Democratic delays have slowed, but not stopped, a Republican plan which would require a voter ID card in order to cast a ballot. It now appears poised to pass the Senate and go on to become Texas law. Read More
Senate Democrats have fired two additional volleys against the GOP-supported voter ID bill being debated:
Remote areas will be penalized, and Texans who get their drivers’ licenses suspended may not be able to vote. Read More
Long before she was a Harvard-educated attorney and a member of the state Senate, Wendy Davis was a divorced single mom who was holding down two jobs and raising a young daughter while attending Tarrant County Community College. Read More
The relatively new instant-runoff voting system might reward a movie that is liked by almost everyone, even if it’s not No. 1 on a majority of ballots. Read More
Last year, the Academy of Motion Picture Arts and Sciences adopted instant-runoff voting for its selection of best picture, a decision which is sometimes credited for its choice of “The Hurt Locker” over “Avatar” and other nominees. Read More
Internet Voting Watch
We hope to gain increased control over our own elections through the Election Task Force. One possible outcome (the “cafeteria”) is to allow each neighborhood council a choice among several alternatives, including voting by mail, standard polling place balloting, internet voting, or your own combination of two or more of these. Read More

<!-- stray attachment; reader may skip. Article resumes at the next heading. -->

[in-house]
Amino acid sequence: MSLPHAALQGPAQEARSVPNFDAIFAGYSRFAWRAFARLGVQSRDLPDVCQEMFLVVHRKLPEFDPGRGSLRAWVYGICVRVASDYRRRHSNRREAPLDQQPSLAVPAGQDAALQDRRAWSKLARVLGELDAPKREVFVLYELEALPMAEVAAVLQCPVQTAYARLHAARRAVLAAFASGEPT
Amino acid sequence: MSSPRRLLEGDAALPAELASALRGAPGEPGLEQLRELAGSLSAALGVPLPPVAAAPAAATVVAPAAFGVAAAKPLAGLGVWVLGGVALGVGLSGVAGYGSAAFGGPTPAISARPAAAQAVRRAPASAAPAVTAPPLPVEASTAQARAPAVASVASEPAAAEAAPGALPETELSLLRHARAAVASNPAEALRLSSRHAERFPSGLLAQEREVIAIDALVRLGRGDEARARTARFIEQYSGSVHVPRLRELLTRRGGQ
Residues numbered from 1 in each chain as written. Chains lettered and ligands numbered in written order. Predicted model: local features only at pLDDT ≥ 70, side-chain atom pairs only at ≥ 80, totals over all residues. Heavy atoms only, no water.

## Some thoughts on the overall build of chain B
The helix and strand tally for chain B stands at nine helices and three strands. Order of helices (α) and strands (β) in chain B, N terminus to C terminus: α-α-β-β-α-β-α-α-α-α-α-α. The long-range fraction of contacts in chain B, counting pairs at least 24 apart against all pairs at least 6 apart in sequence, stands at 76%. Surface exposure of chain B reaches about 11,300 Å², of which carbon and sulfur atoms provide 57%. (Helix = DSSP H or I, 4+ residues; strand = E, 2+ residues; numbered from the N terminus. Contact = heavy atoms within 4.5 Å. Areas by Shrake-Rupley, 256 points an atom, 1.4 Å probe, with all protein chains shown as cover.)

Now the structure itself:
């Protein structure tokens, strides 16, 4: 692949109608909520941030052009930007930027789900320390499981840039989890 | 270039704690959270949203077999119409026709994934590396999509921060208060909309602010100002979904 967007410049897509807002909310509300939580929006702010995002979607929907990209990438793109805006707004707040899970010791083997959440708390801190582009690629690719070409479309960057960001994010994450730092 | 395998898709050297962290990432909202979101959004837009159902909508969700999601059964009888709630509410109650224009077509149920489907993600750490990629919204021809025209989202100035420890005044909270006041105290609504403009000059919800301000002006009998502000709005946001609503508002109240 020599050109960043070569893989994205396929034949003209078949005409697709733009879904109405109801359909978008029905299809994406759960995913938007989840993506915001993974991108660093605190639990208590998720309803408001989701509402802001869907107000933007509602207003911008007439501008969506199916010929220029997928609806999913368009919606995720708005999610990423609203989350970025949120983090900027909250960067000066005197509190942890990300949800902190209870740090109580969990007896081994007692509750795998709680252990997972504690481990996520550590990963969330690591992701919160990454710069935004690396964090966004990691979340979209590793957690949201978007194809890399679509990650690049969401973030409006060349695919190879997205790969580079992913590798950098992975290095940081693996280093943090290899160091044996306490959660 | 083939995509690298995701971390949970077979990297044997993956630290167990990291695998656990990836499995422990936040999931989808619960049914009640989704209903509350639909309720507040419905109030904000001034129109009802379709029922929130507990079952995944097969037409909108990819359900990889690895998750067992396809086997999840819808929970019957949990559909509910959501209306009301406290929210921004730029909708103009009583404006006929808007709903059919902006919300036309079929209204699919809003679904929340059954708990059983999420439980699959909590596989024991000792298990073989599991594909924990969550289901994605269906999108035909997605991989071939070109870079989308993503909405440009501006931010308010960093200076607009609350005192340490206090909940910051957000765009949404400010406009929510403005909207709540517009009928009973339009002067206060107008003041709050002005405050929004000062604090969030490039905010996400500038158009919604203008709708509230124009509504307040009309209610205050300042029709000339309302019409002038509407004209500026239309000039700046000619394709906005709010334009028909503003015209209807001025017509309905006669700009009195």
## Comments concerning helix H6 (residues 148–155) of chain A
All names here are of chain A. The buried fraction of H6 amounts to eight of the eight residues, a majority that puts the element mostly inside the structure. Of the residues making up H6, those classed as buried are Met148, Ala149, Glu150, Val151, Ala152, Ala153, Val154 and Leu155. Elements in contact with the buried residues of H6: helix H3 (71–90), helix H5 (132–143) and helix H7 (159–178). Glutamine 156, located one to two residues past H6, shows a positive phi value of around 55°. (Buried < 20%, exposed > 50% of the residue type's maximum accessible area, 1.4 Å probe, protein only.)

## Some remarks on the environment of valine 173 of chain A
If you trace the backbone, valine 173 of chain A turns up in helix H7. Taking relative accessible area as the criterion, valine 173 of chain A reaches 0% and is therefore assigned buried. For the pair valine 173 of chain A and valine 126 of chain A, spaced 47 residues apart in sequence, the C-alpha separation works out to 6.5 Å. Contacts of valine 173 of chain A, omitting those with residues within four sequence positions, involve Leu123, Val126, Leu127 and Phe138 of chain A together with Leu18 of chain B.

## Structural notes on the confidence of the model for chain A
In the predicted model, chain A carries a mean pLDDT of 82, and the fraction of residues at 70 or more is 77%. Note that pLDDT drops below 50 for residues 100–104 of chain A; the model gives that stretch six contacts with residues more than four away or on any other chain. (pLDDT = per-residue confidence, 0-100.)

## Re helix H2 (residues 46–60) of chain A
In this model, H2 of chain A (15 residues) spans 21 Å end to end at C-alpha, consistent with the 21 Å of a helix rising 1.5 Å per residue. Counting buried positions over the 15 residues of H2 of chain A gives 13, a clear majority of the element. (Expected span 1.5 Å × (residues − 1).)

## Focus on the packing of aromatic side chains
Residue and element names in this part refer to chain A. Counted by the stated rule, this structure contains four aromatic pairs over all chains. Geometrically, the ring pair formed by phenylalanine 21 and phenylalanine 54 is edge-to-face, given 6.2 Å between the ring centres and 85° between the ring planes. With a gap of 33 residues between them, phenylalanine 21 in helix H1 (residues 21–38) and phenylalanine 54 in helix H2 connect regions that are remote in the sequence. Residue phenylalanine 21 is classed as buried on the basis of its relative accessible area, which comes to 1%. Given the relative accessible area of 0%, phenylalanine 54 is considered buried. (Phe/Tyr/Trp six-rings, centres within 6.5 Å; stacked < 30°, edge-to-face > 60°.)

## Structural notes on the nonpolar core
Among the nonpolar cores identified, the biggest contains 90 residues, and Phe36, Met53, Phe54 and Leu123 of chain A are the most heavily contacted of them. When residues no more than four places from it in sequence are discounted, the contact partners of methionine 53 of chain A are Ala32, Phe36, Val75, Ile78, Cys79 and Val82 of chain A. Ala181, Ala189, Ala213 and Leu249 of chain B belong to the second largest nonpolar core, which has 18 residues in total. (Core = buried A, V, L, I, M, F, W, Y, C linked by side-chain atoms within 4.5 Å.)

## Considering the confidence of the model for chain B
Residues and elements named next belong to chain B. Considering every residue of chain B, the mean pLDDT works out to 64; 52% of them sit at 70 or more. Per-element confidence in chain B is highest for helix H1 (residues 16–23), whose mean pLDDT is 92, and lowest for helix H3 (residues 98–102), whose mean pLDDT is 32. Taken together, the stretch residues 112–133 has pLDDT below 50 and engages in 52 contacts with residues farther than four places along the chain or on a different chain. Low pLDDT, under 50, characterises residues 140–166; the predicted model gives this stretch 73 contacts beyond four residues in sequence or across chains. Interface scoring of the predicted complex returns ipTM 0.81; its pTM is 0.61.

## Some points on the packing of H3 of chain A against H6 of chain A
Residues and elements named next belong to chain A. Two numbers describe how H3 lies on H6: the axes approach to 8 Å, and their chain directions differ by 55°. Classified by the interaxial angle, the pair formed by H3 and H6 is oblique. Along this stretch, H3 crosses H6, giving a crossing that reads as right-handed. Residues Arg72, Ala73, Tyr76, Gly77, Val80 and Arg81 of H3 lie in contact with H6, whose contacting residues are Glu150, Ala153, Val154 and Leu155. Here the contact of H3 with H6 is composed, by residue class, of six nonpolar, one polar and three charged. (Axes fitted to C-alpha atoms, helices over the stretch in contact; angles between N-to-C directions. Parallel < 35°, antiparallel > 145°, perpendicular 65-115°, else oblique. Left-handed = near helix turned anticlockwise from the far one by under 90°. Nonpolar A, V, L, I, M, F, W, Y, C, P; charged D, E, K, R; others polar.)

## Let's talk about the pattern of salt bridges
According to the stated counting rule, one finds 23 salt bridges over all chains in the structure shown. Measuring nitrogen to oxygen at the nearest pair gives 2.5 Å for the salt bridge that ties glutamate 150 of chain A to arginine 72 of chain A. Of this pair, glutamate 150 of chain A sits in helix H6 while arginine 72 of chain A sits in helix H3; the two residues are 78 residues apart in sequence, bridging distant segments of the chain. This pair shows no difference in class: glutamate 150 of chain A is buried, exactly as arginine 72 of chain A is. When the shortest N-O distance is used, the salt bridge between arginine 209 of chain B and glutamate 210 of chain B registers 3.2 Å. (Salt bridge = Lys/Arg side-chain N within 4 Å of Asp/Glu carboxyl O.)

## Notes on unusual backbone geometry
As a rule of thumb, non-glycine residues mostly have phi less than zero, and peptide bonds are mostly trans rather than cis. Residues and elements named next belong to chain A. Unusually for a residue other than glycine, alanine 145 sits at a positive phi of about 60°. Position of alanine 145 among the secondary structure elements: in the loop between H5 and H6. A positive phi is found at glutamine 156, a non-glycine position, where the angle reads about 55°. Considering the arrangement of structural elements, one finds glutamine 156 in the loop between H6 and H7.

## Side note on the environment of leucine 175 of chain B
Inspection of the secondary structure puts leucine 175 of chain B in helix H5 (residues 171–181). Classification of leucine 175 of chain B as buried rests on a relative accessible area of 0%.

A recent survey published by Elections Canada entitled, “Explaining the Turnout Decline in Canadian Federal Elections” analyzed the reasons given by non-voters in the 2000 Federal election for not going to the polls. Those reasons included a lack of interest in the election, negative attitudes toward politics, and personal/administrative factors. Young non-voters were more likely to cite a lack of interest and personal/administrative reasons for not voting. Read More
This year’s Kingston municipal elections in October saw 36 per cent of voters cast their ballot at polling stations using a paper-ballot system. After transitioning into online voting last year, the AMS saw three-point improvement on 2009’s paper ballot votes.